Google faces anti-trust charges for ‘abusing Android phone dominance’

Google has been charged with abusing the dominance of its Android mobile operating system in deals with phone makers and mobile network operators. The tech giant was accused under anti-trust laws at the end of a year-long inquiry by the European Competition Commission. Its behaviour was said to “have denied consumers a wider choice of mobile apps and services”. Google’s approach also "stands in the way of innovation by other players", the commission said.

A competitive mobile internet sector is increasingly important for consumers and businesses in Europe.

EU commissioner Margrethe Vestager

Commentators say the anti-competition charge could hit a key money-spinner for Google, which is a subsidiary of Alphabet Inc. It made about $11bn (£7.6bn) from ad sales on Android phones with Google apps such as Maps, Search and Gmail last year. The tech company is already being probed for promoting its own shopping service in internet searches at the expense of rivals. That case, which has dragged on since late 2010, culminated last year with the European Commission filing anti-trust charges against Google.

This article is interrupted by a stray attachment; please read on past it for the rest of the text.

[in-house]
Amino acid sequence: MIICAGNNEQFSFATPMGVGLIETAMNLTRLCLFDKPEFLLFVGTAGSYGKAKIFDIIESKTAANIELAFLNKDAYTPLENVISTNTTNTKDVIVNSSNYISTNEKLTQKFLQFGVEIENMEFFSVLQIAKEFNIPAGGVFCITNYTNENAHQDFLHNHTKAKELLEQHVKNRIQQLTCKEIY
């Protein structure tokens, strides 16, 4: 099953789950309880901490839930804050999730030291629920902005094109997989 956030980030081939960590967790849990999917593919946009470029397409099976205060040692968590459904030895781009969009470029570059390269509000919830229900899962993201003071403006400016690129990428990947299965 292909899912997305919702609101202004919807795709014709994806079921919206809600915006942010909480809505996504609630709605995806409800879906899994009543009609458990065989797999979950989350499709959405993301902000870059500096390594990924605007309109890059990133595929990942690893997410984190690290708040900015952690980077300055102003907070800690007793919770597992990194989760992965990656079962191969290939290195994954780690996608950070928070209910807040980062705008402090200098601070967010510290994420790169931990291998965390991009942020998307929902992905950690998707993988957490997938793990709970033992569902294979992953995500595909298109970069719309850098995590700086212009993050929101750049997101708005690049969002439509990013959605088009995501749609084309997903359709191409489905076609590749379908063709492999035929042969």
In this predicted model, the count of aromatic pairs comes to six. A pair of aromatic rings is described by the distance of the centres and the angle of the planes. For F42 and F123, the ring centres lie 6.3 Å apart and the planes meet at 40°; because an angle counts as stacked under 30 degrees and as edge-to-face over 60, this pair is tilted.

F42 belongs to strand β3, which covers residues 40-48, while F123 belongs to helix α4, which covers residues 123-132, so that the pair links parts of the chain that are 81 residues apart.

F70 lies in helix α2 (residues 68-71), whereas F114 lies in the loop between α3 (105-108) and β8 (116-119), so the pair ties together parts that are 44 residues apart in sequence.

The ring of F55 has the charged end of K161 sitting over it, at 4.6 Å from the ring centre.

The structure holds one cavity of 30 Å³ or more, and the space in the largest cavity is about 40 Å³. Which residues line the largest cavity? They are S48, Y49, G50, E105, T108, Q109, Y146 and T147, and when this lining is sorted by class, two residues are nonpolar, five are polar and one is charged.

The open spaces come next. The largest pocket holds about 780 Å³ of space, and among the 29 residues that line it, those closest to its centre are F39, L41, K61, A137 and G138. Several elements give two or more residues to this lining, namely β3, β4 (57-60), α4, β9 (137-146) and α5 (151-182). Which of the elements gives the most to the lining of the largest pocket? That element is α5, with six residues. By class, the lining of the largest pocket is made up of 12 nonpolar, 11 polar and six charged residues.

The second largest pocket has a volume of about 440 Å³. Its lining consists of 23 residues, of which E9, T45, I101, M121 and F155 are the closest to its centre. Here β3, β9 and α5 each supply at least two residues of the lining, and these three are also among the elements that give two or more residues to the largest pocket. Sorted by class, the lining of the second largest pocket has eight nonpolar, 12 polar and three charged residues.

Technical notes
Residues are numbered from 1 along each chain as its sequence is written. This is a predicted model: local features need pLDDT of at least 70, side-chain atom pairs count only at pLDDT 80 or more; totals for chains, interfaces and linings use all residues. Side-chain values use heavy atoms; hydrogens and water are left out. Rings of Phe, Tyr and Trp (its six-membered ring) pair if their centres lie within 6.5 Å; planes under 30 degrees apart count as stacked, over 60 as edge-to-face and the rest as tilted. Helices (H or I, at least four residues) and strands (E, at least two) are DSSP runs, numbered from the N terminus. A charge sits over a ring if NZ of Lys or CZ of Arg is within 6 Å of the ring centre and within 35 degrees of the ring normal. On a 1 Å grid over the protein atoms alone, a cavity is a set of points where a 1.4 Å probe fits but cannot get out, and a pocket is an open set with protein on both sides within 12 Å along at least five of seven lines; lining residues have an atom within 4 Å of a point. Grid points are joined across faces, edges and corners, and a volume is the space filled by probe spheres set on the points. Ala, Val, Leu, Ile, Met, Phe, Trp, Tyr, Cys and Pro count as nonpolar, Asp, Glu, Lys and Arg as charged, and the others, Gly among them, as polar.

Android has helped foster a remarkable and, importantly, sustainable ecosystem, based on open-source software and open innovation. We look forward to working with the European Commission.

Kent Walker, Google’s senior vice-president